A study led by the University of California, San Francisco, comparing the online data crowdsourcing approach to a standard telephone survey, has found that certain crowdsourced medical study groups are either over- or underrepresented by age, race/ethnicity, education and physical activity.

While crowdsourcing, a practice that enables study participants to submit data electronically, has grown in use for health and medical research, the study published online this week in the American Journal of Public Health suggests that greater attention needs to be given to determining what populations are and are not reachable using remote, electronic data collection platforms.

The growth of Internet-based sampling and data collection offers an opportunity for cheaper, higher volume collection of health-related data. However, the resulting data may not be generalizable, and if certain groups are over- or underrepresented, the research may generate misleading conclusions when extrapolated to larger populations. Therefore, studies relying on crowdsourced respondents need to define the profile of the people generating those data.

“Online crowdsourced recruitment leads to systematic underrepresentation of some U.S. adults, such as certain racial and ethnic minorities, those with lower educational attainment, and older adults, and overrepresentation of others,” lead author Veronica Yank, assistant professor of medicine at UCSF, was quoted as saying in a news release.

In addition, how participants enter a particular study can influence generalizability of results. Population studies traditionally have spent considerable effort on targeted recruitment of representative samples and statistical adjustments for over- or underrepresentation of subgroups among those enrolled, allowing investigators to determine the degree of confidence about the representativeness of the data. So, efforts are needed to understand and promote inclusion of underrepresented groups within projects using crowdsourced recruitment and data collection.

Crowdsourcing, in which self-selected individuals provide electronic data or feedback, is currently one of the most innovative methods for studying population accrual. Social science and psychology researchers widely use it, and the U.S. National Institutes of Health (NIH) Precision Medicine Initiative will recruit participants this year through the Internet, social media and mobile technologies to form an “All of Us” cohort, the largest study group ever undertaken.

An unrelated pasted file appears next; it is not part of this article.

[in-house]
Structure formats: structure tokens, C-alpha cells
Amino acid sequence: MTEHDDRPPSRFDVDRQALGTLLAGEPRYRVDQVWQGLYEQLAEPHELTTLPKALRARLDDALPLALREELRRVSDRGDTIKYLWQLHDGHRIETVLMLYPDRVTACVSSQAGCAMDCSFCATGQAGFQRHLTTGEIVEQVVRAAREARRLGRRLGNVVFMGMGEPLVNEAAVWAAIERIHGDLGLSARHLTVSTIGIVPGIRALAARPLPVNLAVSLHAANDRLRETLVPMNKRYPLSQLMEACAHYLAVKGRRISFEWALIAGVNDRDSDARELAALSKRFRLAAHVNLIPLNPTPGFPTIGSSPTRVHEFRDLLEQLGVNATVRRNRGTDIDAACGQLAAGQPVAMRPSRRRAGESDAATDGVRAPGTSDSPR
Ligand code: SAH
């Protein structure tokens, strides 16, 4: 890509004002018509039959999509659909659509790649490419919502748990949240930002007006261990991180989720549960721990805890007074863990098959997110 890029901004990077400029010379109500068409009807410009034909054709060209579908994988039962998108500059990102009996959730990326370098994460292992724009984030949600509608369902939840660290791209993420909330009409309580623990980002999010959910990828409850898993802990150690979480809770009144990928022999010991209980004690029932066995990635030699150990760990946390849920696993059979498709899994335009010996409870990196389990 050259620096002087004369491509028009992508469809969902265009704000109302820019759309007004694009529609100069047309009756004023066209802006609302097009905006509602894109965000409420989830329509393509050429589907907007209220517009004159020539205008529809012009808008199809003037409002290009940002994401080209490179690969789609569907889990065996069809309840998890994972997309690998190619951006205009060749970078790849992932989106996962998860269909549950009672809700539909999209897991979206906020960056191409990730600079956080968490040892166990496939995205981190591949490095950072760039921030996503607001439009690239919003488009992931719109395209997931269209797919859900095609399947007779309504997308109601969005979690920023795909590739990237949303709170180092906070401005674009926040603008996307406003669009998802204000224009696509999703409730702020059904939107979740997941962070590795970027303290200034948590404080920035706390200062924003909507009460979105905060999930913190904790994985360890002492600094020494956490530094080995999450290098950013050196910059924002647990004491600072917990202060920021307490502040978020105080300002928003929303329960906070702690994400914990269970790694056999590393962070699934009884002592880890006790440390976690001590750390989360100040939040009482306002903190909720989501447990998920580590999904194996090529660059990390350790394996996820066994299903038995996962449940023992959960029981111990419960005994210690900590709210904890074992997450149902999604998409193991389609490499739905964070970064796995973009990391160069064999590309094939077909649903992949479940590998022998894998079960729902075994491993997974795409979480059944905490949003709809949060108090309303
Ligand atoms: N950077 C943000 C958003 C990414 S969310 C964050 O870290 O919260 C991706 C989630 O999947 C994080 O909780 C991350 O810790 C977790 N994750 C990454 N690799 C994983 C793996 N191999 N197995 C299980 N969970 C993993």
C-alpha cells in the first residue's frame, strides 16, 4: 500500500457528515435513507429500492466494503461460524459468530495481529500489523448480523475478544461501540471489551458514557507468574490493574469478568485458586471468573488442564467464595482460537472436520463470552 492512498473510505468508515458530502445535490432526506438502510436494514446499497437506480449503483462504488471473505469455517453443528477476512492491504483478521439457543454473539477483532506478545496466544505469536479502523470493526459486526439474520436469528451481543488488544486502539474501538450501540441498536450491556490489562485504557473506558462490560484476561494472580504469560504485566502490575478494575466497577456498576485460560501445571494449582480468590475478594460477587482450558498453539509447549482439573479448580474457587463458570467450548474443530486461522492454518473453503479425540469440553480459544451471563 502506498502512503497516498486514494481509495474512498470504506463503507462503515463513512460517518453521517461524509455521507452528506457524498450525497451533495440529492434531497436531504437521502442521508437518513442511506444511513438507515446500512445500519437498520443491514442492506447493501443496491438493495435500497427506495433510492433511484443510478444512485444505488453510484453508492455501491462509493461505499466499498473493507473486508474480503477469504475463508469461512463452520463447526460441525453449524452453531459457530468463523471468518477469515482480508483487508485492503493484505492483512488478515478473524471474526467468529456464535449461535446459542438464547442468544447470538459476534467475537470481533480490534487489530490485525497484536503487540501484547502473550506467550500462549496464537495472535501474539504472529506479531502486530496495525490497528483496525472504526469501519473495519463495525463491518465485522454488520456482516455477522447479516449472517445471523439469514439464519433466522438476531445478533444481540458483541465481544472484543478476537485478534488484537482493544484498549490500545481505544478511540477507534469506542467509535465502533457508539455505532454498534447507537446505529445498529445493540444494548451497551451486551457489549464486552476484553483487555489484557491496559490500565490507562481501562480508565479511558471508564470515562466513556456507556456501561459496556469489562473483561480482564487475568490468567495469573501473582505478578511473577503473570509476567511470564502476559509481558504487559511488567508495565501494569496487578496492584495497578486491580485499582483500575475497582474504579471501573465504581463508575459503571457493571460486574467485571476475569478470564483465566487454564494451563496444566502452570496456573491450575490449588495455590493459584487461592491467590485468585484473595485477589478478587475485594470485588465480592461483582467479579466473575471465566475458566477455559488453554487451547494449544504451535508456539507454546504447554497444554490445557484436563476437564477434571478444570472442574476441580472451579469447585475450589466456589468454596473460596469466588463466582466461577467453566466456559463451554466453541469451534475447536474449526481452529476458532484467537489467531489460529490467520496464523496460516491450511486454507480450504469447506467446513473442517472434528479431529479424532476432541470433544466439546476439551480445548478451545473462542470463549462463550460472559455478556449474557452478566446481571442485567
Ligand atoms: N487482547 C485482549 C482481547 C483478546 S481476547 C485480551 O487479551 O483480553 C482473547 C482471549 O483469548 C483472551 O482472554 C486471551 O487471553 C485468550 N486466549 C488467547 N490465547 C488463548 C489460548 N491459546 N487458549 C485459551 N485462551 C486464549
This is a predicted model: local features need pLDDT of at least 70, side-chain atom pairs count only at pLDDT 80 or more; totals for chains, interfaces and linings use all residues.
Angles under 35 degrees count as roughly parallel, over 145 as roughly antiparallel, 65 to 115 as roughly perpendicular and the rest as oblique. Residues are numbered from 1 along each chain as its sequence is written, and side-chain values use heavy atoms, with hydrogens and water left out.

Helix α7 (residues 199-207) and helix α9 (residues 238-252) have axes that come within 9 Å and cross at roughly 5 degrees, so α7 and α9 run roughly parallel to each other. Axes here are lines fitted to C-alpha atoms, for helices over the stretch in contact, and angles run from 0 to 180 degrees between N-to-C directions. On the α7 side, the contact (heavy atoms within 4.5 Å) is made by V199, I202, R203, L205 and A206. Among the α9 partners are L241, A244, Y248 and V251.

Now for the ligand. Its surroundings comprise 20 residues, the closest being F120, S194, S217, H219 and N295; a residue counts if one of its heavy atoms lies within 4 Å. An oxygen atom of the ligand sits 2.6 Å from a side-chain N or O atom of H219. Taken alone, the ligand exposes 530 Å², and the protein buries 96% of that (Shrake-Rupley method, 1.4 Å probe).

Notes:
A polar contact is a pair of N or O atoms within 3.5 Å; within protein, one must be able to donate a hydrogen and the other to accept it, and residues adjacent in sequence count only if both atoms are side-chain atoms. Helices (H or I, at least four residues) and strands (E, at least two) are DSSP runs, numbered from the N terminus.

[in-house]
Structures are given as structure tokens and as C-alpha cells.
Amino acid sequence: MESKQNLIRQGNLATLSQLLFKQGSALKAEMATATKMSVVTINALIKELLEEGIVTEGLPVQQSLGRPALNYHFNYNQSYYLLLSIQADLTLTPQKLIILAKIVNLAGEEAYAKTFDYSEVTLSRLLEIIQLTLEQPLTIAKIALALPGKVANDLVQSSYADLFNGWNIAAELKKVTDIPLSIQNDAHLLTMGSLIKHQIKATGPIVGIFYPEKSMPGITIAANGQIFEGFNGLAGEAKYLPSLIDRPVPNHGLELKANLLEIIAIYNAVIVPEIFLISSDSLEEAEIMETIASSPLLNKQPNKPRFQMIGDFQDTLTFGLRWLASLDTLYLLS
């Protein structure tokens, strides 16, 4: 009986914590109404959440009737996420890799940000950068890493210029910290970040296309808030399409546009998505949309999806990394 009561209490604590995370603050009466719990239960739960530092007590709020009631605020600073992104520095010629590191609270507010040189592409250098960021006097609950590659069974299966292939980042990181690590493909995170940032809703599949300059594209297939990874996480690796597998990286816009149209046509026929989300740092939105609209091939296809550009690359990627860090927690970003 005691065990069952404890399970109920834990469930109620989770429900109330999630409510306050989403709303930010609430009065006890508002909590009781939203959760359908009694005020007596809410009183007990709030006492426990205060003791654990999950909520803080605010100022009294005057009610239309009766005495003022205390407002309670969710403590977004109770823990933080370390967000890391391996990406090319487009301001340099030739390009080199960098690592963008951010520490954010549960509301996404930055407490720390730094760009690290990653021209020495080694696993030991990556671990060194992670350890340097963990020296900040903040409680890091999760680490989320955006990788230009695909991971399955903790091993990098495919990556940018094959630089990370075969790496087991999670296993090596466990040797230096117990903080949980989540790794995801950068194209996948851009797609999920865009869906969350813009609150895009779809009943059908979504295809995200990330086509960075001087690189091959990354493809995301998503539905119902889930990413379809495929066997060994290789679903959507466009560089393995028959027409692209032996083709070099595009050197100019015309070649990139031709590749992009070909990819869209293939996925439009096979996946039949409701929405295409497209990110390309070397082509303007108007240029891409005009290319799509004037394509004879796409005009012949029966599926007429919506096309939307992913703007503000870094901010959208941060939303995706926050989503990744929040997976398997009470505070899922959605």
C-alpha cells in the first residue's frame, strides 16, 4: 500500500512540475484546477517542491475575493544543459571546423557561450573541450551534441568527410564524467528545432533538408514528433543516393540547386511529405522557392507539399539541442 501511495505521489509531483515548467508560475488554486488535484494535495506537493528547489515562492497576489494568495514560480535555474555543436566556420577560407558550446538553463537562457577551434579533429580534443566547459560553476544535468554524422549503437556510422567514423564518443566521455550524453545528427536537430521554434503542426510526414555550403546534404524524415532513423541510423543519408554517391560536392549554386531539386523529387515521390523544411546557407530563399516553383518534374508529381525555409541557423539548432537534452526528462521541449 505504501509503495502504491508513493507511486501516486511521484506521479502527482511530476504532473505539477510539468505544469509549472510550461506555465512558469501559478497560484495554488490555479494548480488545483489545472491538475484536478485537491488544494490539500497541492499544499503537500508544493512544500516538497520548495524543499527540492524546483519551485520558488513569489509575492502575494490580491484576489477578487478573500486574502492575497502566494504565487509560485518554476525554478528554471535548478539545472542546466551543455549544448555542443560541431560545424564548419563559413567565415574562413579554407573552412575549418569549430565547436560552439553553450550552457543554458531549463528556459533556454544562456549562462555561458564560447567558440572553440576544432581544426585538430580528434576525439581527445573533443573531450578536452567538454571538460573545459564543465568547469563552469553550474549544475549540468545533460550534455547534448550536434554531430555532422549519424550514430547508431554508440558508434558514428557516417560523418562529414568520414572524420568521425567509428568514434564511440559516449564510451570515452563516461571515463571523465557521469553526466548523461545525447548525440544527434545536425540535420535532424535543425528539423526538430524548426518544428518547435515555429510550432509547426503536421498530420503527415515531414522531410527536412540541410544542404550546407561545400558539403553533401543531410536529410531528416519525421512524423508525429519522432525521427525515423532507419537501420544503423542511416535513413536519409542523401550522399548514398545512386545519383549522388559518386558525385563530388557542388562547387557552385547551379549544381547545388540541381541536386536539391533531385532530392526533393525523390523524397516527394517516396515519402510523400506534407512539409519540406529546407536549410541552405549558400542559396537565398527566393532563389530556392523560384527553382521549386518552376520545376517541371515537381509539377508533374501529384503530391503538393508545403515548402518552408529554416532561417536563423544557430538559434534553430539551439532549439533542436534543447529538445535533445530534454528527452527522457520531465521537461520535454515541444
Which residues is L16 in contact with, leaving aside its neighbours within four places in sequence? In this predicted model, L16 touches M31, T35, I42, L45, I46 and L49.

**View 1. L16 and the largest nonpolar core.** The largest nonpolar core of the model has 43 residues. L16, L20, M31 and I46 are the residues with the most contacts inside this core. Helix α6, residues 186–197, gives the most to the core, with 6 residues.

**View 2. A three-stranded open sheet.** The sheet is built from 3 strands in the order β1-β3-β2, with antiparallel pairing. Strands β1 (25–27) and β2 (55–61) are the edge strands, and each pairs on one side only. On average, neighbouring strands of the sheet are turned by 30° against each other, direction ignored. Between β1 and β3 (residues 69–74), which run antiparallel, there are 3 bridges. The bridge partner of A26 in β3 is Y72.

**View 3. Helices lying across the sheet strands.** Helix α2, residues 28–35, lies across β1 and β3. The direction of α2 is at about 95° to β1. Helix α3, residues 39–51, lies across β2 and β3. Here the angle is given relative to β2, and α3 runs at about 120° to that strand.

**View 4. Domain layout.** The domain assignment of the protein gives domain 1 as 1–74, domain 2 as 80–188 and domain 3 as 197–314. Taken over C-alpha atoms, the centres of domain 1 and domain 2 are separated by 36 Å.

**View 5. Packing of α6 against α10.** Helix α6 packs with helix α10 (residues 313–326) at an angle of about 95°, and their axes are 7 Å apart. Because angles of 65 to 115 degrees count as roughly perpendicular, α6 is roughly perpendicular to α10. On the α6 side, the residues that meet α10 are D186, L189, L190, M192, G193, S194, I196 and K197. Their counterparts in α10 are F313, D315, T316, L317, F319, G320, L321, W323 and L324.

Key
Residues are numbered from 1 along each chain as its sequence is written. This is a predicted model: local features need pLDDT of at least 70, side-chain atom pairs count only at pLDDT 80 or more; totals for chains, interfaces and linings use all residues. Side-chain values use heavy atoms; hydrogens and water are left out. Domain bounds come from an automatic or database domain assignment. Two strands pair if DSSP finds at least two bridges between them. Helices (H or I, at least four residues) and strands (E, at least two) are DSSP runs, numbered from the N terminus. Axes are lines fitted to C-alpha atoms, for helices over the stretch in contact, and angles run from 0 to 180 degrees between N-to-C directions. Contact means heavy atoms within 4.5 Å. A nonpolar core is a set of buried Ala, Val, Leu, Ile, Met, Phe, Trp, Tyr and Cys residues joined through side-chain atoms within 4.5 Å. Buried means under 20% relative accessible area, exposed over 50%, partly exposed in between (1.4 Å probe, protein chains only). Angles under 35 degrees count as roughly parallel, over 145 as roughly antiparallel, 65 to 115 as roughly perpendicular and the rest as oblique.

In the UCSF-led study, Yank and her colleagues utilized Amazon Mechanical Turk (MTurk), the world’s largest online crowdsourcing platform, with 500,000 registered anonymous members overall, including about 400,000 in the United States and 15,000 active on any given day, to compare demographic and health characteristics of adults recruited through it to those of the U.S. population. For this study, 2,015 U.S.-based adults at least 18 years old completed the survey between July-August 2015.

The researchers focused on health characteristics that are known risk factors for cardiovascular disease, many of which are suitable for remote measurement and data collection.

For comparison, they used 2013 data of 428,211 respondents from the Centers for Disease Control and Prevention (CDC) Behavioral Risk Factor Surveillance System (BRFSS), the world’s largest telephone health survey.

Administered annually in English by landline or cell phone to adult U.S. residents, the survey gathers cross-sectional data on demographic and health characteristics and disease risk factors. The selected questions focused on demographics, ethnicity, educational attainment, annual income, employment status, and individual characteristics known to influence cardiovascular morbidity and mortality.

Overall, compared to the BRFSS, the crowdsourced samples tended to be overrepresented in the 20-39 age range and underrepresented in the 40-75 age range, and the cardiovascular disease risk profile of crowdsourced participants also differed in well-defined ways from the U.S. population. Crowdsourced participants were younger, more likely to be non-Hispanic and white, and had higher levels of educational attainment. Those age 40-59 were most representative with regard to smoking, diabetes, hypertension and hyperlipidemia, but even they had significant differences with regard to race/ethnicity, education and physical activity.

Crowdsourced data from younger age groups were even less similar, and those age 60 and older were difficult to reach by crowdsourcing.

“These findings have implications for the upcoming national Precision Medicine Initiative, which will use online crowdsourcing as one of its recruitment and data collection approaches for the million Americans it plans to enroll in its cohort,” Yank noted, saying that policymakers, funders of research and researchers should be explicit about the advantages and limitations of relying on crowdsourced data, especially when underlying sociodemographic characteristics or health variables may influence health outcomes. Enditem

Source: Xinhua/NewsGhana.com.gh